“It’s absolutely a revenge”, she says definitively. “Everything can be read in different ways. I wouldn’t say it’s shocking, it’s just disturbing. Of course, it’s about a woman who is raped and then (pursues) a really weird and unpredictable relationship with her rapist. But it’s a lot more than that, because it’s (also) a portrait of this woman’s life.”
On the surface, much of the film’s conflict arises from the actions of men: her eventually unmasked rapist, her jailed serial-killer father and, less extreme but still important, her disappointment of a son with his own violent urges. But the true revelation of the film is the depiction of the fullness of Michèle’s life as a woman, as anchored in her relationship with her mother, her female friendships and, of course, those conversations that any woman must constantly have with herself.
“You see her as a woman,” says Huppert emphatically. “As a very solitary woman – that’s what struck me in the first place. But you also see her as a daughter, a mother. The reason she’s attractive is that she’s a combination of something very bold and very daring, but on the other hand, more like a survivor. If it was a one-dimensional character, it wouldn’t be interesting. It’s like we turn around her, in 360 degrees.”
“I’m not particularly a fearless person, but with acting and choosing films, of course, that is what it’s about” — Isabelle Huppert
When you subtract Verhoeven’s bombastic theatricals – his unrelenting “rollercoaster”, as Huppert puts it – Michèle is, in many ways, simply a woman making her way in the world. “And that’s what makes it more touching,” she describes. “It’s not sentimental, it’s psychological. It’s the psychological (kind of) emotion... very deep and rooted.” That women must devote a lot of their time handling the insecurities, desires and needs of the men in their life is a fact; because that fact so rarely centres the female lives we see on screen, it feels empowering when it does. “Men are kind of weak and certainly very fragile, too,” Huppert says of Elle’s take. “(But) there is no contempt for men. Women are shown in a certain way, and men are shown in a certain way as well. We don’t even know that there is an attraction (between Michèle and her assailant) – that’s not the point.”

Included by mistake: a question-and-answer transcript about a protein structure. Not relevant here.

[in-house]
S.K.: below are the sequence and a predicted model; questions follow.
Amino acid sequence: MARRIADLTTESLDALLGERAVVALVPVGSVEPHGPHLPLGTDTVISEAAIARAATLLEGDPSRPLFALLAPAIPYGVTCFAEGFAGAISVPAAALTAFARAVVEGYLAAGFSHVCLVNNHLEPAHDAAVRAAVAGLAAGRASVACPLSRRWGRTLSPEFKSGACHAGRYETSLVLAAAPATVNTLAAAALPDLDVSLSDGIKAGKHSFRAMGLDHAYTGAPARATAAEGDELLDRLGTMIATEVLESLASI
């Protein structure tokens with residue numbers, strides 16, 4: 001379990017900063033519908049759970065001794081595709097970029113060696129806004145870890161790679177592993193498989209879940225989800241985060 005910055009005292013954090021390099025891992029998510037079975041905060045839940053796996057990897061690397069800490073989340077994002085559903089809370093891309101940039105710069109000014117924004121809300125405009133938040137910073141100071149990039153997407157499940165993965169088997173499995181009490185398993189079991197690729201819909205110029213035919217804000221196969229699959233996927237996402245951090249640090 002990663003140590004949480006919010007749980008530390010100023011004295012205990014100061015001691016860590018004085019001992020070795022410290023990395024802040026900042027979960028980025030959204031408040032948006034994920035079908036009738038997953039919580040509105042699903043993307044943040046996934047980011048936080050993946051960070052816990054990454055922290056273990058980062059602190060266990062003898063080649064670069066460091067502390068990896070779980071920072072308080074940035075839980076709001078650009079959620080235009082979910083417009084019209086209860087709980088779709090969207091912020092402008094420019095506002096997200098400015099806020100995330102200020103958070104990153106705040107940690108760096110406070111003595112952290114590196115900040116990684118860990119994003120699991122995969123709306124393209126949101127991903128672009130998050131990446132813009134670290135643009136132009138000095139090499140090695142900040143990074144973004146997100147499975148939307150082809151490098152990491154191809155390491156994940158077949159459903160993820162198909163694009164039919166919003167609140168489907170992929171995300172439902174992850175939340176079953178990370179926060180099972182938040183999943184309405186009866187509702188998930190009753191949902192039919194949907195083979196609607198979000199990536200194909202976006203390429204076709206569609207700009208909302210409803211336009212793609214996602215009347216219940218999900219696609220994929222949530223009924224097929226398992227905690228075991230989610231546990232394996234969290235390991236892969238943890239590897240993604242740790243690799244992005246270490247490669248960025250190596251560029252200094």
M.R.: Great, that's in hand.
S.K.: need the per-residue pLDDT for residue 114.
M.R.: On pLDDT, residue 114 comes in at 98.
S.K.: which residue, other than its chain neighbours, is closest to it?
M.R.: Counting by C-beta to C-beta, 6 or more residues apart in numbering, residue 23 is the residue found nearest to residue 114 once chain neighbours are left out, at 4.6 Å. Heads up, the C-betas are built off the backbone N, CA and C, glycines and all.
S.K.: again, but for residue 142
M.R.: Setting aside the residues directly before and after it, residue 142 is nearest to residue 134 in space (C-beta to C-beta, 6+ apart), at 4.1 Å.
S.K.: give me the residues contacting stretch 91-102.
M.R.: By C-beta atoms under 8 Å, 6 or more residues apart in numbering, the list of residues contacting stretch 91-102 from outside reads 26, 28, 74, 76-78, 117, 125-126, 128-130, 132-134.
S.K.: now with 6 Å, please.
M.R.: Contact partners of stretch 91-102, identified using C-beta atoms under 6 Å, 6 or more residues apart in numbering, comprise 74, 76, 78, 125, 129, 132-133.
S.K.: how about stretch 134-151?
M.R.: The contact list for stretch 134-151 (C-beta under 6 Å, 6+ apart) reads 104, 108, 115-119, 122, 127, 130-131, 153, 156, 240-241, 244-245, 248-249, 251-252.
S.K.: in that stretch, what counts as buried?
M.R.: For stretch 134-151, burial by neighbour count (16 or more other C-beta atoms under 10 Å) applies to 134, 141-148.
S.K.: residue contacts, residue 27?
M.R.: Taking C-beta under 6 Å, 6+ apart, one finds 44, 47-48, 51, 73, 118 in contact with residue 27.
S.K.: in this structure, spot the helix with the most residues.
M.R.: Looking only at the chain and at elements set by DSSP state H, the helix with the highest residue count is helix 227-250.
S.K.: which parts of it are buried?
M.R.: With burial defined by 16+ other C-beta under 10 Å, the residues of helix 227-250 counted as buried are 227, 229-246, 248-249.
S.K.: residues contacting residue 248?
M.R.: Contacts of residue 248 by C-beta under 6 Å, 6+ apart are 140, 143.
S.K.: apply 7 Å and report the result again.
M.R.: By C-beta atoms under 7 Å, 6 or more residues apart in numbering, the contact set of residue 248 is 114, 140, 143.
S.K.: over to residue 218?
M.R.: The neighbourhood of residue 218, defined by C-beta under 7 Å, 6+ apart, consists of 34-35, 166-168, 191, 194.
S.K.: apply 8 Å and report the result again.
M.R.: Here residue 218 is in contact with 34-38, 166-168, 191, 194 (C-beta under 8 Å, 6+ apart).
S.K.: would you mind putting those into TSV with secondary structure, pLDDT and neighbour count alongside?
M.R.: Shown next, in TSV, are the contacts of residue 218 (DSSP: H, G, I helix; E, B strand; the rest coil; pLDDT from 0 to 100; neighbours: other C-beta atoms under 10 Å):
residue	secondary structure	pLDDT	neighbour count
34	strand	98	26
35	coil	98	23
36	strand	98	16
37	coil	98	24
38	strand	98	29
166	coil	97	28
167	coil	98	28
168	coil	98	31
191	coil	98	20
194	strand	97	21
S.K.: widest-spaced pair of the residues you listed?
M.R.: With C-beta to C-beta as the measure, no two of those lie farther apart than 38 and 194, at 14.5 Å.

Having starred in so many movies, you’d be forgiven for thinking that perhaps Huppert isn’t fussy; can prolific really mean particular? But it’s clear she only takes on roles that speak to her on the level of instinct, and allow her to make her own connections. In Elle’s case, not only was she a fan of the film’s source material (Philippe Djian’s 2012 novel Oh...) already, she felt instinctively it was made for the screen. “I read the book a long time ago,” she says. “I thought it was very cinematographic, the kind of character you rarely see on screen. In fact, there was so much connection between Verhoeven and Djian’s universes. Something very bold, very dry, and a kind of humanistic point of view on our world and our society.”
“Men are kind of weak and certainly very fragile (in Elle). But there is no contempt for men” — Isabelle Huppert